Secondly, Taiwan should continue to make itself irreplaceable. Foreign countries are still significant in helping Taiwan fight off aggression. Taiwanese semiconductor production is indispensable to global technology businesses, supporting multinational technological giants in innovative developments. Engaging with foreign economies helps promote Taiwanese interest internationally. By becoming a choke point in the worldwide supply chain, foreign nations would pay more attention to its situation. Ukraine’s grain export was essential to a lot of countries. As the war disrupted its global supply, the shortage widely affected many countries. The economic consequences encouraged civilians to keep up with international news, pressurising the government to support an immediate peace resolution for the conflict. Taiwan’s dominance in the semiconductor industry could pose a similar effect. Cutting off supply could affect technology industries, causing a shortage of tech products, such as smartphones, computers, and cars. Given these are essential in western economies, it could help encourage westerners to support their cause, scrutinising China’s aggression.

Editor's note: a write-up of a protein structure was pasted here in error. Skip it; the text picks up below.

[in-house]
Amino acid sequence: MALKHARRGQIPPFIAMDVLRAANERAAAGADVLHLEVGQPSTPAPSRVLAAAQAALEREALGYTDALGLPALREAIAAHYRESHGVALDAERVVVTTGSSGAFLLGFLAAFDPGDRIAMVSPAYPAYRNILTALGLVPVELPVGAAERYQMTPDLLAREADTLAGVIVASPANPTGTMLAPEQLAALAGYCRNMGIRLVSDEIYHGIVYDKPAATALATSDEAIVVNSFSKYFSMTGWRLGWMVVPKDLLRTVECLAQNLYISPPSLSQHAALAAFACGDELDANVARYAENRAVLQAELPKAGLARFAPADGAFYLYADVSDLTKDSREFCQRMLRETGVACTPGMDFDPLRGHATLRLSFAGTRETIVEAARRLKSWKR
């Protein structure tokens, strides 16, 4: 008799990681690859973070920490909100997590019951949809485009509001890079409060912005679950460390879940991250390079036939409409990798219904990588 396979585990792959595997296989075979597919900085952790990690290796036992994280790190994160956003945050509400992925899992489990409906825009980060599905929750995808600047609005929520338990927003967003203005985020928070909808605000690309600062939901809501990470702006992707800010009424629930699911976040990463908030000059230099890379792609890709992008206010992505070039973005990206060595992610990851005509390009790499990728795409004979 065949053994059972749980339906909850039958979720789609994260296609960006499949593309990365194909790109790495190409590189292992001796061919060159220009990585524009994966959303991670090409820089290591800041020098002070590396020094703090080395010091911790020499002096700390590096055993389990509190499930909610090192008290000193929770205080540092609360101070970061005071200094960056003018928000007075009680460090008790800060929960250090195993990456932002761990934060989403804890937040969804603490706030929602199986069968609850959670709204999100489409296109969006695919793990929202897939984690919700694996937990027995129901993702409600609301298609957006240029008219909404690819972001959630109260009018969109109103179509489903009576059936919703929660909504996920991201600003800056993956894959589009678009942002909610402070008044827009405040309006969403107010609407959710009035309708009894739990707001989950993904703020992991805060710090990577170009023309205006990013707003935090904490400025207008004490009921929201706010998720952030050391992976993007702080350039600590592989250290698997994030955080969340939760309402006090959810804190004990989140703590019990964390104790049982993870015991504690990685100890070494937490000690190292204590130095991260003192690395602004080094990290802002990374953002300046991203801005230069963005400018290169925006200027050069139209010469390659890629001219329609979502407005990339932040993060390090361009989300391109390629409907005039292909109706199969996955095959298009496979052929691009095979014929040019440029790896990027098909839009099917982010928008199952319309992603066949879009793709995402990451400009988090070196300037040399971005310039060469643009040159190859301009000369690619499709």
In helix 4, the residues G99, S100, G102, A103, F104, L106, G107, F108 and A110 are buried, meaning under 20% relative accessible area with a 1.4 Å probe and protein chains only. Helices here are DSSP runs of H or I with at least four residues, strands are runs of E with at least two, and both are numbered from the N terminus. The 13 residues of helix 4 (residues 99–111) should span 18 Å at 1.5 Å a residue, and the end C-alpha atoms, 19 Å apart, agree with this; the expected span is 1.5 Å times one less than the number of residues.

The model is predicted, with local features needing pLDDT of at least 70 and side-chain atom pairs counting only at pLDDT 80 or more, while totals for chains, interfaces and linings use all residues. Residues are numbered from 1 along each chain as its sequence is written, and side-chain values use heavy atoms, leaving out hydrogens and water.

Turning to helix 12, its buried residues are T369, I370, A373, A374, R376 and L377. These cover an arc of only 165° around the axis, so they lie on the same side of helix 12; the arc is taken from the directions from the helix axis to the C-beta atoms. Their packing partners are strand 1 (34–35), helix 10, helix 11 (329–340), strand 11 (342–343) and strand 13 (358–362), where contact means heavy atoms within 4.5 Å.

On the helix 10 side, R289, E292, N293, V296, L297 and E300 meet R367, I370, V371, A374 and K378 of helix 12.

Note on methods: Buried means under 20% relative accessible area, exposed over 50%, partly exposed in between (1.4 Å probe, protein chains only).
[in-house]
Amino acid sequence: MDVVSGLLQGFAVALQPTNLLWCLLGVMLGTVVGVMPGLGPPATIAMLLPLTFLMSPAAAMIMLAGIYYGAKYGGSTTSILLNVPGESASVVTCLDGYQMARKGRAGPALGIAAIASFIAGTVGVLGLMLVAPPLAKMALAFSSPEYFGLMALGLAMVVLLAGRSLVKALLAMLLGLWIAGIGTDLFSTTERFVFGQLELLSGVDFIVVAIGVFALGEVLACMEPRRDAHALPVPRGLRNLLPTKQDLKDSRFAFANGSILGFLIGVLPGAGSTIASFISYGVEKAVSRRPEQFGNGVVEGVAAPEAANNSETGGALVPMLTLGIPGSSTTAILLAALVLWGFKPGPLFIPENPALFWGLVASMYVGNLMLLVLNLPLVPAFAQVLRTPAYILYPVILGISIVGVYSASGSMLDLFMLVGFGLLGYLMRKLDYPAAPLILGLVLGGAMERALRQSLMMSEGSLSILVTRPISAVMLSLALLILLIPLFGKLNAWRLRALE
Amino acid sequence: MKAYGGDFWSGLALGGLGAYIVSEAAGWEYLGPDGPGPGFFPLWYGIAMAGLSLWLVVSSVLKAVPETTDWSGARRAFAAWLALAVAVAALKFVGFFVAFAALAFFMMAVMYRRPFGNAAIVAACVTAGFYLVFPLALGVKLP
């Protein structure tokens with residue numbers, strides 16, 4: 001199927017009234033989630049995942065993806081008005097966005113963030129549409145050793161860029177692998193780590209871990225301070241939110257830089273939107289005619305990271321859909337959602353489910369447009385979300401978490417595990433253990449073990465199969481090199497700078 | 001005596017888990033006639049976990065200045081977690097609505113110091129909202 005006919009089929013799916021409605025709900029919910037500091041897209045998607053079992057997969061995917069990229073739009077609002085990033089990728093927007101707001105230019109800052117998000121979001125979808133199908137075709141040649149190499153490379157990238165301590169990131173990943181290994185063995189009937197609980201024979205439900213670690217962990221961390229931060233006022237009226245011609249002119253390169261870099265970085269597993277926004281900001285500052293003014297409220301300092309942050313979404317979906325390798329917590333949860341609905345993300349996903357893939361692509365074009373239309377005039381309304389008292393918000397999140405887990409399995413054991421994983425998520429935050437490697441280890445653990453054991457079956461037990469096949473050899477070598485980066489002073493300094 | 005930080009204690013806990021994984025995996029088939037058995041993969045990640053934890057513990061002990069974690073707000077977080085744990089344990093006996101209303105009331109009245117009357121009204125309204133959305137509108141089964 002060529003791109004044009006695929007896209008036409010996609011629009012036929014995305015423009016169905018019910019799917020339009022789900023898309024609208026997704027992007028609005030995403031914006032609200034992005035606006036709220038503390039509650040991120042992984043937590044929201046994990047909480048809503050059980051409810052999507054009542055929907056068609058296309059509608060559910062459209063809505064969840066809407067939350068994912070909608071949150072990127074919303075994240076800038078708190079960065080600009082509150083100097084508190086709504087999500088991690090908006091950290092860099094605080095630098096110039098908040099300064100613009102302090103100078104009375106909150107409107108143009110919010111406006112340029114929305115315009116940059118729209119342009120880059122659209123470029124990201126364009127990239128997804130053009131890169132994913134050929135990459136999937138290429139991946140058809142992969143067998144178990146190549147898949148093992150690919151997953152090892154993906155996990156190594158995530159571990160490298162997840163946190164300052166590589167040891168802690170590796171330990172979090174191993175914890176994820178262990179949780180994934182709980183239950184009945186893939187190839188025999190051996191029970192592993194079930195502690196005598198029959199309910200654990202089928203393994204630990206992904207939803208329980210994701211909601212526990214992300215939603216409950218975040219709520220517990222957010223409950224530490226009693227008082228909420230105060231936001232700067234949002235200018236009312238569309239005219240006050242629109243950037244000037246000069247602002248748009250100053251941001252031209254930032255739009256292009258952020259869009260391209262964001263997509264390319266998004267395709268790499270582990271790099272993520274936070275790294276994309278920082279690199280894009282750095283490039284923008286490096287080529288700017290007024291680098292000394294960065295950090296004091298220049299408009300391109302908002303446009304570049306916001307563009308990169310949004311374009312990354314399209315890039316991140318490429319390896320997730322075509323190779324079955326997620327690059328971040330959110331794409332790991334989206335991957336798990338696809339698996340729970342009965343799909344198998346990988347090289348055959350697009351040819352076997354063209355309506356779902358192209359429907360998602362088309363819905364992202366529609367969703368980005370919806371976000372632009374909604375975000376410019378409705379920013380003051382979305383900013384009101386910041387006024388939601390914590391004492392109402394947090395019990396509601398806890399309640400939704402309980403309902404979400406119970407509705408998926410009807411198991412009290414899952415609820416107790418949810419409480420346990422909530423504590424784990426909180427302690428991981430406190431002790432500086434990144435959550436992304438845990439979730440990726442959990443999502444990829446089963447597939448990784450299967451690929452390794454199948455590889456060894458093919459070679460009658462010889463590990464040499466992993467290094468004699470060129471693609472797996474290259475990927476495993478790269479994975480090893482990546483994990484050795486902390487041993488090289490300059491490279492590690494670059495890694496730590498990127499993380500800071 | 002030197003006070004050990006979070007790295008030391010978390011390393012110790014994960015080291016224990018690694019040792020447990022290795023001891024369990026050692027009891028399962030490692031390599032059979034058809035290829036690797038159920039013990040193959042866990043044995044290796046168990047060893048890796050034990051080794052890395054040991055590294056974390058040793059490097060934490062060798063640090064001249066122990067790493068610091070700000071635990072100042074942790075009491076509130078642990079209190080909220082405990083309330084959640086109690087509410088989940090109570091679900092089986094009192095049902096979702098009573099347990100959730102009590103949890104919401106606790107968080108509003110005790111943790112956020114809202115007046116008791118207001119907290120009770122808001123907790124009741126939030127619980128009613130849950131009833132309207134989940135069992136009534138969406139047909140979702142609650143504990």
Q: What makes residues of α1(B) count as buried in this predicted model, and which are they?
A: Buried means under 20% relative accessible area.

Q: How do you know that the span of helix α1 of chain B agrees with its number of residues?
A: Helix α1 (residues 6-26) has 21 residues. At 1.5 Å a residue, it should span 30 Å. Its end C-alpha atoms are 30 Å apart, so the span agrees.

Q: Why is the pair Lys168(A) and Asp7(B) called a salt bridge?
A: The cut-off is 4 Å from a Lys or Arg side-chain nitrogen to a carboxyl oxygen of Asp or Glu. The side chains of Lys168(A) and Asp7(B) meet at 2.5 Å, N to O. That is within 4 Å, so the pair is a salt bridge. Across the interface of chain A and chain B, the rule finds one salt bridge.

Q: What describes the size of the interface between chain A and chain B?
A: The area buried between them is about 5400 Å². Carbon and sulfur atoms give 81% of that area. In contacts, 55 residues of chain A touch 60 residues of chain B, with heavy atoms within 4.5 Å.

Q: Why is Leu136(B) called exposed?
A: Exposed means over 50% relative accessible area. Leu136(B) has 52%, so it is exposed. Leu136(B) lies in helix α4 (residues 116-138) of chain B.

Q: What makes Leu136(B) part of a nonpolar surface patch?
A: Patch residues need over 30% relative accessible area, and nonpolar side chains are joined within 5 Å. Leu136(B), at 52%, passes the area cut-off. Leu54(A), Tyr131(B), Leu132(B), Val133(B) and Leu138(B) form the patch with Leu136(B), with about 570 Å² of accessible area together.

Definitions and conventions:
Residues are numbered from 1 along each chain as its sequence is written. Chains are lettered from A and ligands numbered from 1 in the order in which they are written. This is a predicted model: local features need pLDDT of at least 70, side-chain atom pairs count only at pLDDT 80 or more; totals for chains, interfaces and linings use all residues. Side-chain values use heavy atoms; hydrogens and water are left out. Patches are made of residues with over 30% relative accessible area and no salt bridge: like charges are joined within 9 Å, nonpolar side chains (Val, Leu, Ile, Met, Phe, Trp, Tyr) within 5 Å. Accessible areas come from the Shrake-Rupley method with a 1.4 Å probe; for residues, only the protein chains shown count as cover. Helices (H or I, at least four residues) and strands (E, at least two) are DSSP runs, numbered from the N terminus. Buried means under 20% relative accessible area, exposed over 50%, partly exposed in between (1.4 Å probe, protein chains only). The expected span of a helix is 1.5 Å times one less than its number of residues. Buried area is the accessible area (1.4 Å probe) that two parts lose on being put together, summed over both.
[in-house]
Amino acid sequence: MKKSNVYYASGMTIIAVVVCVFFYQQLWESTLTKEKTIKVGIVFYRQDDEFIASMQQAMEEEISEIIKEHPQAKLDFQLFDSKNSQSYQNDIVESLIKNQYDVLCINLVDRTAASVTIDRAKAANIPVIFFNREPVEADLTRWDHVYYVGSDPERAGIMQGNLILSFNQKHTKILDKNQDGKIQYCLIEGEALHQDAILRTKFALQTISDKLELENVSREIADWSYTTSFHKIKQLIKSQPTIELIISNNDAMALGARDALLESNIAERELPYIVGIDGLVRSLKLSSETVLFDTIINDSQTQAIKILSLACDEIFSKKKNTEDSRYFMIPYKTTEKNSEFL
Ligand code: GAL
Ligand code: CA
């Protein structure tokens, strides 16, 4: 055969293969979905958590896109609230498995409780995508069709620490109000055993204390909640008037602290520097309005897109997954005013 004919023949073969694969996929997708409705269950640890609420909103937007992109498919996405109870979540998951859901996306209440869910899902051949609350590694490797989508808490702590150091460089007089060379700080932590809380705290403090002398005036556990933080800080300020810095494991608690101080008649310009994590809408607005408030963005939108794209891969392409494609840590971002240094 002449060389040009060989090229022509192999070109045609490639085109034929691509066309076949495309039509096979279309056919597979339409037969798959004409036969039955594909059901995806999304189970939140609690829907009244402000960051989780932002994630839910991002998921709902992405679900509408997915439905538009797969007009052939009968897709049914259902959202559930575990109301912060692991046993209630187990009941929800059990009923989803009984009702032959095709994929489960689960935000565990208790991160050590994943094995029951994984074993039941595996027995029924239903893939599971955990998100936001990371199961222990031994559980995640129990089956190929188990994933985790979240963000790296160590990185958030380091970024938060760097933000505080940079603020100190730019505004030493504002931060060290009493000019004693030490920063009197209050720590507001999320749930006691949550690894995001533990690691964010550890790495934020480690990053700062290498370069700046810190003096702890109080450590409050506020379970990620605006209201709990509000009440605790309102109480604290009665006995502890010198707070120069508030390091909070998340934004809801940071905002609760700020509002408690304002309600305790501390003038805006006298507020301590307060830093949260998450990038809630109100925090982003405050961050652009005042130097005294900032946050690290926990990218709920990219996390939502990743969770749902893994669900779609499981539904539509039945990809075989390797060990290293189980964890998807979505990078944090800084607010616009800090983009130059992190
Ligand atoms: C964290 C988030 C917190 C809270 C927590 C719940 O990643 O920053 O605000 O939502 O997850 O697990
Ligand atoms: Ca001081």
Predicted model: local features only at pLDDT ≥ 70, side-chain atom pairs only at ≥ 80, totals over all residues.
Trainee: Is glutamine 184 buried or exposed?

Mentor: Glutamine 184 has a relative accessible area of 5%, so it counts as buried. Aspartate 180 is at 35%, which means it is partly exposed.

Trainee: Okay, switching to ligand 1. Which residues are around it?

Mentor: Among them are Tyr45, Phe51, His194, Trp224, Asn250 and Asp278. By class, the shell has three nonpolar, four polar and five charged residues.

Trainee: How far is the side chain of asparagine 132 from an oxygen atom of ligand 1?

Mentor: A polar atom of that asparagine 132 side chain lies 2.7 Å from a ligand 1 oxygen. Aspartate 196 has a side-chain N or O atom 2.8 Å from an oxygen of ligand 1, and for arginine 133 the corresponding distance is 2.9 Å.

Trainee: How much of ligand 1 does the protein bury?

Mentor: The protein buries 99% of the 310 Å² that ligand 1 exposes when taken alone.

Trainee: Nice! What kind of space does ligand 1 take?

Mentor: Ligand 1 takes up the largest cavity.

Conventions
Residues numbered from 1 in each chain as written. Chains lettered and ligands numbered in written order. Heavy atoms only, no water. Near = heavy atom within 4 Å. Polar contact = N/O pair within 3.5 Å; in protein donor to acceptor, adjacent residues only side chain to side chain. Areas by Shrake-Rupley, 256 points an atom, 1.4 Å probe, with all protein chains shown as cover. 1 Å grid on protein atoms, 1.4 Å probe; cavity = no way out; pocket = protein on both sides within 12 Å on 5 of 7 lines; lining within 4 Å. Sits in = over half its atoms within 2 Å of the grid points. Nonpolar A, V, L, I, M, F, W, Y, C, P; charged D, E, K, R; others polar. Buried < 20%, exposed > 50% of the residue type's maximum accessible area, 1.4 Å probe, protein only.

Furthermore, Taiwan should engage in a military exercise with neighbours and strengthen its regional alliance. The US has noticed Taiwan’s strategic value in balancing China’s hegemony. In the ‘first island chain’ strategy, a line is drawn from South Korea, linking with Japan, Taiwan, and the Philippines. As the US stays in close military cooperation with these countries, they are used as deterrence to restrict China’s military expansion to the pacific. Since Taiwan is the only obstacle to China’s direct access to the Pacific, its government should remind the West of this exact function. Cooperation with neighbours could also help plan the work of coordination in the case of war. Western weaponry and technologies strengthen Ukrainian resistance efforts. If Taiwan could plan and draft up supply exercises, it could help prolong a conflict in China, even deter its ambition in the first place.
Last, and most importantly, the prospect of securing nuclear deterrence. China has had nuclear weapons since 1964, along with its latest breakthrough in hypersonic technology. It has matched, even surpassed, the US nuclear capability. Undisputedly, the idea of launching a nuclear programme is considered unspeakable and “evil” by the West. However, Taiwan should not deny the effect of nuclear deterrence. Take the example of Japan, a nation with advanced nuclear capability due to its ability in atomic power, effectively allowing the state to get atomic weapons rapidly if needed. However, in the recent Taiwan referendum, the public voted down the initiative to activate its fourth nuclear plant. The government and the public need to understand the vital importance of nuclear deterrence. This last resort would be the endmost yet most compelling deterrence in the outbreak of war.